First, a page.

marginally acceptable water quality leaves plant with a TDS level of 150
The water taken from a nearby reservoir is being treated at Morton Jaffrey plant and contains 6mg of Cl, (WHO recommends between 1 and 2 mg/l), a lot of lime to bring up the Ph level to 7 which generally would be kind of acceptable for potable water of a major city of Harare. But, once it has passed through a corrosive pipe system to reach the end-consumer it massively deteriorates accumulating up to 340 TDS.
In the tap’s nose a lot of granulate is to be found indicating how heavy contamination actually is:
Once the electrolyte test was conducted on the two samples the result shows that the raw water after electrolyte treatment for 60 seconds contains 165 ppm TDS while it was before 153. Water filtered by the ArtAqua-Bestwater filter at only 1 bar pressure showed 41 ppm TDS (probably would be 20 if pressure was at least 3 bar) and after electrolyte 30 ppm TDS.
After putting all the chemicals into the Morton Jaffrey the water from there still had 143 ppm TDS meaning the method is rather inefficient and expensive.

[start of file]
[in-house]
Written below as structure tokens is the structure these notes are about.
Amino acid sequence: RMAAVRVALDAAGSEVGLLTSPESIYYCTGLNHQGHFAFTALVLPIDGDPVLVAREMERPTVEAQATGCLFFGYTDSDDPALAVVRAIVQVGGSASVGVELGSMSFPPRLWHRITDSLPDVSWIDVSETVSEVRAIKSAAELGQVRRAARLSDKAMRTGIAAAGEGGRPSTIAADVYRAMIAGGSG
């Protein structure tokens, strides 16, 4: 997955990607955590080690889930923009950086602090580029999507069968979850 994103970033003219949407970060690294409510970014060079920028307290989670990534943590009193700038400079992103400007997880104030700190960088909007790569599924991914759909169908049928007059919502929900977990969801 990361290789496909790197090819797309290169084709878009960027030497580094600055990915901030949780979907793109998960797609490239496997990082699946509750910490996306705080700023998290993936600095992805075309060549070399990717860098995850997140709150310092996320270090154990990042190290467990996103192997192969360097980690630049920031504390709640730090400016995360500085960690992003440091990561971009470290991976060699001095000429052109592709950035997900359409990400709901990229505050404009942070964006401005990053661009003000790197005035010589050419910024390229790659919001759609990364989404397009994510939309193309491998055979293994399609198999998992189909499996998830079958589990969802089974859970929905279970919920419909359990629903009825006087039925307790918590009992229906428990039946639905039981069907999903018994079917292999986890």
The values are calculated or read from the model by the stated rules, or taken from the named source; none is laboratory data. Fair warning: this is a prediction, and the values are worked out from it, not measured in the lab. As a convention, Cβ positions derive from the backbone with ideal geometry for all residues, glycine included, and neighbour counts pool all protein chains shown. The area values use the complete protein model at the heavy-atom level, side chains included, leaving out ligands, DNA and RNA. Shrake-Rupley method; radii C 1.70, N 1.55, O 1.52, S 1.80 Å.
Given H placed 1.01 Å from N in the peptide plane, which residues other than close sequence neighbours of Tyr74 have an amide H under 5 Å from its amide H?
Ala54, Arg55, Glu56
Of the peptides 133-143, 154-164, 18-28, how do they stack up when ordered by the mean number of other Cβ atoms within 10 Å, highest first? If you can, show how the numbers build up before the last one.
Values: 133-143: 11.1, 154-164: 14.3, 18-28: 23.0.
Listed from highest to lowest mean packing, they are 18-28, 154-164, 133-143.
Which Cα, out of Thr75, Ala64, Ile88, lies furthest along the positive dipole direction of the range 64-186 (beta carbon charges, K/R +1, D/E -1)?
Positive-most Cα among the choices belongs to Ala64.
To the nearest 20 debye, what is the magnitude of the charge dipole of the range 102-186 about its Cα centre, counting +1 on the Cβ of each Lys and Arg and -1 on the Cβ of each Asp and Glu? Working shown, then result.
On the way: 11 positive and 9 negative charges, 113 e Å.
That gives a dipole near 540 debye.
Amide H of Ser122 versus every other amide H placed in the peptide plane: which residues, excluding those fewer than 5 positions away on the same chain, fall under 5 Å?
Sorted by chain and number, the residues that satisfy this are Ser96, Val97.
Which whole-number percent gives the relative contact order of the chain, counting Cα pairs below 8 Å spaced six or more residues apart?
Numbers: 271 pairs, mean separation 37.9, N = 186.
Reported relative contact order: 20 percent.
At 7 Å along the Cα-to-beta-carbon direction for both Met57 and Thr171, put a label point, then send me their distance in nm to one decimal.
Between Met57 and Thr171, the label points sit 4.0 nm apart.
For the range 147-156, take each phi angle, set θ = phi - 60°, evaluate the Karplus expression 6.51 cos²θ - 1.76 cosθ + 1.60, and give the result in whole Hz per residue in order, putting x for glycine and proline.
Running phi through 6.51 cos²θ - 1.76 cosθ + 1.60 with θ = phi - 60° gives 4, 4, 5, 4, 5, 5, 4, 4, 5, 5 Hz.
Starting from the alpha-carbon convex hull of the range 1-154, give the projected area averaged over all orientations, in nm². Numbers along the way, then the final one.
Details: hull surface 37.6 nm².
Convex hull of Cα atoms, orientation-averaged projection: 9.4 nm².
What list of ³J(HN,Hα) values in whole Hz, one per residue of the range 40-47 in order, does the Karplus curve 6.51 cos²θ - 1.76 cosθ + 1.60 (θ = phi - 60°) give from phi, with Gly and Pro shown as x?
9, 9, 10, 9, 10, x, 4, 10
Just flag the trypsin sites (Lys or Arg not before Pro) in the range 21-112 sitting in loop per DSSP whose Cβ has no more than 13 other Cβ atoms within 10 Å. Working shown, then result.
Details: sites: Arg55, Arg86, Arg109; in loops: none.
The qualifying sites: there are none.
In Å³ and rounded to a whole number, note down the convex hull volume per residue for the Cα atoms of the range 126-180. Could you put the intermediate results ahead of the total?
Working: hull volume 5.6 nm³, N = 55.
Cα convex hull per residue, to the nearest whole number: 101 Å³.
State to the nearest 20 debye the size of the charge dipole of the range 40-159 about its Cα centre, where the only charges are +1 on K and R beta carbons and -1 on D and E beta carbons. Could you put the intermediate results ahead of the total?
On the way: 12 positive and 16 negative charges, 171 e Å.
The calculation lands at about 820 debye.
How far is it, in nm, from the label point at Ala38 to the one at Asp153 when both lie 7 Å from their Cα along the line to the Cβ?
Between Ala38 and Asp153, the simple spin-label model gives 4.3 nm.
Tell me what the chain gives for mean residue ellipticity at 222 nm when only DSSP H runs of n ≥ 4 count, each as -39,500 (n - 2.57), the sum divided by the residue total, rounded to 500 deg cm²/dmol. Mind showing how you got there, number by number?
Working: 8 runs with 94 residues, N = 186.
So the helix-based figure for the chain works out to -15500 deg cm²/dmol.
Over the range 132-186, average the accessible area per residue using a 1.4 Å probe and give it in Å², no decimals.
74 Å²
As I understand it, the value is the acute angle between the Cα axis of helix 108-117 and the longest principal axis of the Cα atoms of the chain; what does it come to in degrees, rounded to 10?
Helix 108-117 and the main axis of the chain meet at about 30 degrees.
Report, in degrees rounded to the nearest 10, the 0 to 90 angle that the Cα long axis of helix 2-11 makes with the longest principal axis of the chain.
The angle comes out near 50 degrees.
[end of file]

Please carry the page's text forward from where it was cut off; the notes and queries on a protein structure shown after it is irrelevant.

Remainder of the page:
What is striking is the fact that the pipes are probably very corrosive in the city as one measured a level of 343 ppm TDS on tap water in the hotel meaning that although the water quality from Morton Jaffrey may be marginally acceptable, once it reaches the end user it definetly is not consumable any longer.
Applying ArtAqua technology at the plant would spare the city from using carbonate, lime and alkaline etc. for bringing down acidity and ensure a healthy pH level between 7.5 and 8.5 as well as a TDS level of 20 ppm but even when ArtAqua water will be put through these old pipes it would also accumulate these 200 ppm on it’s way to the end user and also exceed the 100 ppm margin by far although still being within the range of not seriously harming the health of the consumer.
Advice to authorities would be to use a heavy gauge elastic pipe instead of the heavy metal pipes from probably 100 years ago.
Art Aqua is a proud member of the UN global compact